What Stakeholders Should Know About the Assessment of Young Children
The early childhood period helps lay a foundation for future learning and ranks students on the path to academic success. It is key to use assessments to measure the efficiency of kids mastering the skills and ideas introduced to them. This article will discuss what parents and educators think about assessing young kids.
What is assessment?
Assessment is the means of collecting information and data to make decisions about young kids. When applied skillfully and multidisciplinary, this process is alright and based on childhood’s daily demands or tasks.
The best assessment system is understandable. The assessment produces information about all developmental areas: linguistics, motoric, cognitive, etc.
Is assessment the same or different from a test?
A test is a possible assessment source to measure learning skills, knowledge, development, aptitudes, etc. Assessment is a process where information is converted to make decisions about kids.
What assessment methods are most suitable for infants and toddlers? Preschoolers? School-age kids?
Various assessment methods address every area of early childhood education. But, observation is the most recommended one.
Infants and toddlers:
The assessment method best applicable for this category of people is observation. Knowing about the child, past experiences with other kids, and infant/toddler development knowledge allows guardians to review and modify their course of action.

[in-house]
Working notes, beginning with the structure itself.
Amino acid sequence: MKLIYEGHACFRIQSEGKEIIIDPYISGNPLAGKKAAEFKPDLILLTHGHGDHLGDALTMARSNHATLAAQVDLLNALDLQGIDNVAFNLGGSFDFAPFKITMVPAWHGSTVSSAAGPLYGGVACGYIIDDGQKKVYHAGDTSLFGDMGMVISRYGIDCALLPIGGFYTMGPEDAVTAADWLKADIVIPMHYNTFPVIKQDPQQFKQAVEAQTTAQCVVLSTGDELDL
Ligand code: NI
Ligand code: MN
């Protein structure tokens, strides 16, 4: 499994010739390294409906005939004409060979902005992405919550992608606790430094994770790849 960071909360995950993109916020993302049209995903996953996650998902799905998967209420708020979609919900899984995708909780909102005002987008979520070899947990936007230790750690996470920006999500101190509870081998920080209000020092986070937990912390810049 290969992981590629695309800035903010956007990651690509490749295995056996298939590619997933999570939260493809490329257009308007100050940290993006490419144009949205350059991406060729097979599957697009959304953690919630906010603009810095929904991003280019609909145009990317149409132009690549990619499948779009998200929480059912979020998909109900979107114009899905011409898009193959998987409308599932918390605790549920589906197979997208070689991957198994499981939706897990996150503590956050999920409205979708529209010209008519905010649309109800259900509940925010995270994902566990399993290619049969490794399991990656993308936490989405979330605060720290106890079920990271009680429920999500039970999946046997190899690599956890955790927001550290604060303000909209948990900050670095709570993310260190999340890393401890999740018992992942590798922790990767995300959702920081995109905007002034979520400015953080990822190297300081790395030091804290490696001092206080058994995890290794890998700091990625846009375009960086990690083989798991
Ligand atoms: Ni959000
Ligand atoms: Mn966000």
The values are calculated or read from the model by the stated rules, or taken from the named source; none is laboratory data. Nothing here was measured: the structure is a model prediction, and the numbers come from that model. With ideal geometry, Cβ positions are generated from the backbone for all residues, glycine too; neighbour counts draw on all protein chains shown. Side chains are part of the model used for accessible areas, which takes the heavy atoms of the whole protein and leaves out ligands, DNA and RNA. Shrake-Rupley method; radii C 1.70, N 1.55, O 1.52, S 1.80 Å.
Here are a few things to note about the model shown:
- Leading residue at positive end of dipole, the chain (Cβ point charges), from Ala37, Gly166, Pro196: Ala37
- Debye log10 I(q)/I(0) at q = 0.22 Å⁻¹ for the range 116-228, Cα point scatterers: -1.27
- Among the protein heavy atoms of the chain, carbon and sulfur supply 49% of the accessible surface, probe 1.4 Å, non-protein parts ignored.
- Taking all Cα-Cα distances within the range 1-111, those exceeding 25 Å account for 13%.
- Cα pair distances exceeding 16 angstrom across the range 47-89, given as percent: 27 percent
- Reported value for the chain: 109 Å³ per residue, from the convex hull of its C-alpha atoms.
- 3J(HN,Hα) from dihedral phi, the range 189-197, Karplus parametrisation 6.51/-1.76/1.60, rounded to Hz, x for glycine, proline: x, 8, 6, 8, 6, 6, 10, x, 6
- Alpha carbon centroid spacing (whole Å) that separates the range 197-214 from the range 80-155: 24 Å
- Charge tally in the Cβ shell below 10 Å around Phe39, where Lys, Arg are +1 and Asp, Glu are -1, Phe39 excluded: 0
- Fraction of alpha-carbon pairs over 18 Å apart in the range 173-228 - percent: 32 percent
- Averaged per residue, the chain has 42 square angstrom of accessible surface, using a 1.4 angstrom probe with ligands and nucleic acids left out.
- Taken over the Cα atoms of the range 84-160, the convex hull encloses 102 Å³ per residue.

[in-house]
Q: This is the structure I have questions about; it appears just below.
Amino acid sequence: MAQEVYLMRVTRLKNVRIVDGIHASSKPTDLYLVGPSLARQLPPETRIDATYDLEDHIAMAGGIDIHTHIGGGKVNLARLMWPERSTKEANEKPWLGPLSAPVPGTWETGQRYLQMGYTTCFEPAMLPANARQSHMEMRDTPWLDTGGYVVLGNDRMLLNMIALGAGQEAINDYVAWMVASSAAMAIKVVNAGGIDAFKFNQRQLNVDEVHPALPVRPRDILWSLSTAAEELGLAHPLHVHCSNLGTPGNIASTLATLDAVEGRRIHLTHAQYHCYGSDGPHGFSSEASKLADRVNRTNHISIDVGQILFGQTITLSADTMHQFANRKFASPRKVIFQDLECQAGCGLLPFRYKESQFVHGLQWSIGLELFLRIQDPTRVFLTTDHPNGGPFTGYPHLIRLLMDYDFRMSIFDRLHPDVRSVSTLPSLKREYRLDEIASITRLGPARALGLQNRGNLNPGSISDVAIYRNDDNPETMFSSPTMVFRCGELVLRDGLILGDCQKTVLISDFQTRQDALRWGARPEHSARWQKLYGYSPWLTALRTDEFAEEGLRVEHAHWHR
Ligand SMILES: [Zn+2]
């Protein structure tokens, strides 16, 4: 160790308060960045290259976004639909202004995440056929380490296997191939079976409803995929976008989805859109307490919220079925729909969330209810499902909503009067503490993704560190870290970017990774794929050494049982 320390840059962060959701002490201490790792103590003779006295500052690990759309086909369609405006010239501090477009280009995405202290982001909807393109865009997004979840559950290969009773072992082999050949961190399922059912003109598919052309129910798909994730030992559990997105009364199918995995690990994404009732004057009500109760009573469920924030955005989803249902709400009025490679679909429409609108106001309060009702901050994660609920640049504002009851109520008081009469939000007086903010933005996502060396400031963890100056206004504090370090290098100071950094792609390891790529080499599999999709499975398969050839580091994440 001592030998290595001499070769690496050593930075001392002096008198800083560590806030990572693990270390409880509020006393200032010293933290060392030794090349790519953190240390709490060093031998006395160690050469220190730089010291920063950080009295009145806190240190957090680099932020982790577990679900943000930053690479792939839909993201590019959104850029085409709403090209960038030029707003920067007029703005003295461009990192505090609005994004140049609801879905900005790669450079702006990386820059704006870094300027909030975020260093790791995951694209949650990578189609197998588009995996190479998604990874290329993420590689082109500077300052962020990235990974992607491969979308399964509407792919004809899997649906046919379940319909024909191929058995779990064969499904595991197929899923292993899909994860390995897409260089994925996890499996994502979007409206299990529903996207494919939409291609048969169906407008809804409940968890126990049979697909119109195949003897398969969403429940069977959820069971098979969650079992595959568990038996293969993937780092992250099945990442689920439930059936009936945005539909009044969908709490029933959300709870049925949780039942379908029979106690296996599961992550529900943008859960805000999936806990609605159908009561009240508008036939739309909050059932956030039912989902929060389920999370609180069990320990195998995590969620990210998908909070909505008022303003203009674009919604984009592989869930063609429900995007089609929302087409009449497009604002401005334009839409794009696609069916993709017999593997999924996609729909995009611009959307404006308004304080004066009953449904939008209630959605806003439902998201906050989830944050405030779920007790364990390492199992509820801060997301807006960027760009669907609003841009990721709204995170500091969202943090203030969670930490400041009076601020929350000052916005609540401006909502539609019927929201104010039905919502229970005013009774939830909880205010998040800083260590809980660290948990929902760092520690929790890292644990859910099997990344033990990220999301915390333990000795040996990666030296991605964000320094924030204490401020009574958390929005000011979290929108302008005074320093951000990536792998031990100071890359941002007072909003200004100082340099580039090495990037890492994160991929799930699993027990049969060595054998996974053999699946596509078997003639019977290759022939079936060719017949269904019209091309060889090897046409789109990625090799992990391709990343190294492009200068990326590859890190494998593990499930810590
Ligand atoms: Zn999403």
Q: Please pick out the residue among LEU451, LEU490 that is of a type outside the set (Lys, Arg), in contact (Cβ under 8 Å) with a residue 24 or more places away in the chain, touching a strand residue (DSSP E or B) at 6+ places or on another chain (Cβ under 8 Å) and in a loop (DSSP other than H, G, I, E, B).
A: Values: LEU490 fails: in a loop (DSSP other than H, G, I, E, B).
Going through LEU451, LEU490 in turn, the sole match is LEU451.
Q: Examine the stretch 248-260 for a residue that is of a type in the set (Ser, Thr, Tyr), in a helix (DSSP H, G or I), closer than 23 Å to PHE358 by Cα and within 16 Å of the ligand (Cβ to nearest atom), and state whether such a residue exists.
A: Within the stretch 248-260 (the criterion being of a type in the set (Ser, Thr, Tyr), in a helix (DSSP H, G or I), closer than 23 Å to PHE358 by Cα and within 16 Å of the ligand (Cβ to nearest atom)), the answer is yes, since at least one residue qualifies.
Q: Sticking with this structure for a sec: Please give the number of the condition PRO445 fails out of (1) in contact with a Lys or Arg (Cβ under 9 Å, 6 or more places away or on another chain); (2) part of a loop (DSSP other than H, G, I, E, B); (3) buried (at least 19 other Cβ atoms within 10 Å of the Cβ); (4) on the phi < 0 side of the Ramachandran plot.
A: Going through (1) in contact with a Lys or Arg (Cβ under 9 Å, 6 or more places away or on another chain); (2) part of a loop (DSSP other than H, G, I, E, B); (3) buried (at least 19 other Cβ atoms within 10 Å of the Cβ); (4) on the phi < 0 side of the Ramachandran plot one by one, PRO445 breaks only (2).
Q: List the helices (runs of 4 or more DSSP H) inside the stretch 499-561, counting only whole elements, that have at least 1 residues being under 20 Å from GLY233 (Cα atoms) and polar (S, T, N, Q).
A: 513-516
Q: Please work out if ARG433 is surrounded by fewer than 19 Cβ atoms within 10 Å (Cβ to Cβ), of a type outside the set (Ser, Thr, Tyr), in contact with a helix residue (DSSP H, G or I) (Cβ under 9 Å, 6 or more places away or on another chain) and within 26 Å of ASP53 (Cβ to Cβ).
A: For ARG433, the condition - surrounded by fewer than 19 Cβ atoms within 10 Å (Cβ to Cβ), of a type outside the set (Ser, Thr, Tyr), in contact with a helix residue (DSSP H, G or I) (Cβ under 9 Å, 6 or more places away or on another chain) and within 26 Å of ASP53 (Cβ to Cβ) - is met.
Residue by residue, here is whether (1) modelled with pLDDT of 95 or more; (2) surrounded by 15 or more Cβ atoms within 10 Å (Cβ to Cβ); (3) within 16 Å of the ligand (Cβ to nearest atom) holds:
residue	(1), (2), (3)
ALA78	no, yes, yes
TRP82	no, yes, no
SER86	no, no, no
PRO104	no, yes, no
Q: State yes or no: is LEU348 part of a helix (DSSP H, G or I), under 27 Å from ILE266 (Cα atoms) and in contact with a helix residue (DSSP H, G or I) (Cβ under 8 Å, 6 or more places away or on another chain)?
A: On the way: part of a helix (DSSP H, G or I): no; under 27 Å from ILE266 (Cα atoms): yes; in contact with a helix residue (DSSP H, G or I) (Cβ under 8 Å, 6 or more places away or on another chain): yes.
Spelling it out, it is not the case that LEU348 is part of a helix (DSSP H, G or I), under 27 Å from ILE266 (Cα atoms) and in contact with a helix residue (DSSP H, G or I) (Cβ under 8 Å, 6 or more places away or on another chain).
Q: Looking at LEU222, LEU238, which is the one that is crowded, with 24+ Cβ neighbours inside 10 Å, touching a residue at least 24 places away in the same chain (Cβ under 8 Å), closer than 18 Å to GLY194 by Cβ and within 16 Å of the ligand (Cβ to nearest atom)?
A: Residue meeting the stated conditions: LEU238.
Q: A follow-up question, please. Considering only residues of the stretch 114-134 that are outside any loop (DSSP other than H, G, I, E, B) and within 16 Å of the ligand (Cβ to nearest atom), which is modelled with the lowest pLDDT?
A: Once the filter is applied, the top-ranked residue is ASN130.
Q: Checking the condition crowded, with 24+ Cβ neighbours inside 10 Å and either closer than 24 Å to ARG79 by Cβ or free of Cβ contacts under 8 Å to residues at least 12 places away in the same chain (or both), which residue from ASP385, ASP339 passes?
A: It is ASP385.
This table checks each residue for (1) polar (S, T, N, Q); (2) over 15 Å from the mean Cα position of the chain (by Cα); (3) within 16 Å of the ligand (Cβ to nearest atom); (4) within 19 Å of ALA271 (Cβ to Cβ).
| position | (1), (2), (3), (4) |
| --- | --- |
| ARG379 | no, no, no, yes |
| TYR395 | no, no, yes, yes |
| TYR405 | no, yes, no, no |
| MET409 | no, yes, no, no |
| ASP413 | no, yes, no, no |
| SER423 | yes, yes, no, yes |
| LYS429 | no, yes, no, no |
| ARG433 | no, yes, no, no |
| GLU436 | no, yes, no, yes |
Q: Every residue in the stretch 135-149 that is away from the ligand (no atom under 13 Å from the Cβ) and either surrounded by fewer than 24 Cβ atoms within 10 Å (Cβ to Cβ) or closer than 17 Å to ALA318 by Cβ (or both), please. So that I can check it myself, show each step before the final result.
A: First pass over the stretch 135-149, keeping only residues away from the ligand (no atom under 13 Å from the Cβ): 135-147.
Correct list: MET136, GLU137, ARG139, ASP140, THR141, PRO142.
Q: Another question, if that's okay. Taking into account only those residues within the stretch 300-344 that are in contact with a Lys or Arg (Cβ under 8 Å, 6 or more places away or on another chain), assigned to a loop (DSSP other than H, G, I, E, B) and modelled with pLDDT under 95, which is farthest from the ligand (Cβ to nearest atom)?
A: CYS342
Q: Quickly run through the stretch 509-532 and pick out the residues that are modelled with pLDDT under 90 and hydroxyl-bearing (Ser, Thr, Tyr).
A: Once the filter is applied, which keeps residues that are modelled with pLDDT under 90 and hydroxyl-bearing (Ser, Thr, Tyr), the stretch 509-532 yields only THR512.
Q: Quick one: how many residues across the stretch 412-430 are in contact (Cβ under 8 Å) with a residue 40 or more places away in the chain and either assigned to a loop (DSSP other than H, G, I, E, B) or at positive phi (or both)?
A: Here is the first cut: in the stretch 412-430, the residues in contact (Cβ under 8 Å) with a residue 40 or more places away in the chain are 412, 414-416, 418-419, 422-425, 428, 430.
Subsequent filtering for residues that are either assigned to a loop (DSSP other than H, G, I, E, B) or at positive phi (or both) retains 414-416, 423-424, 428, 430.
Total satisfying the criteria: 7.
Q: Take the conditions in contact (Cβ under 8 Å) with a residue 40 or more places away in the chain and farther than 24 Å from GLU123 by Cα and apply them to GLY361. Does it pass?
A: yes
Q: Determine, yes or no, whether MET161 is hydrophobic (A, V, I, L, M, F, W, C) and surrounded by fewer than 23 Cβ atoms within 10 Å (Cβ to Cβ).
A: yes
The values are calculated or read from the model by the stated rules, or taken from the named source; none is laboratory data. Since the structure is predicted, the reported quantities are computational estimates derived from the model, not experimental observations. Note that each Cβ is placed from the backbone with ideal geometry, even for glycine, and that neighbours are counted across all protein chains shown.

The best assessment method recommended for preschoolers is observation. An informed observation consists of child development, curricular goals, and expected learning outcomes.
The assessment method best applicable for school-age kids is first observation, then the potential use of testing instruments.
How should you use your knowledge of child development in an assessment?
Educators should use their knowledge of child development to compare assessment details with average child development and their past experiences with kids.
What should parents, principals, and others know about assessment?
It is important to identify that each stakeholder – parents, principals, or others- has different assessment needs. Parents, for example, always want to know the development of their kids’ learning. They also seek to know informed opinions shared by their kids’ caregivers and educators through formal and informal conversations and reports. Educators and specialists need to take cognizance of this information to keep programs running well for their kids. Administrators and legislators are to be held accountable for the development of group kids and know what works and doesn’t work in their policies.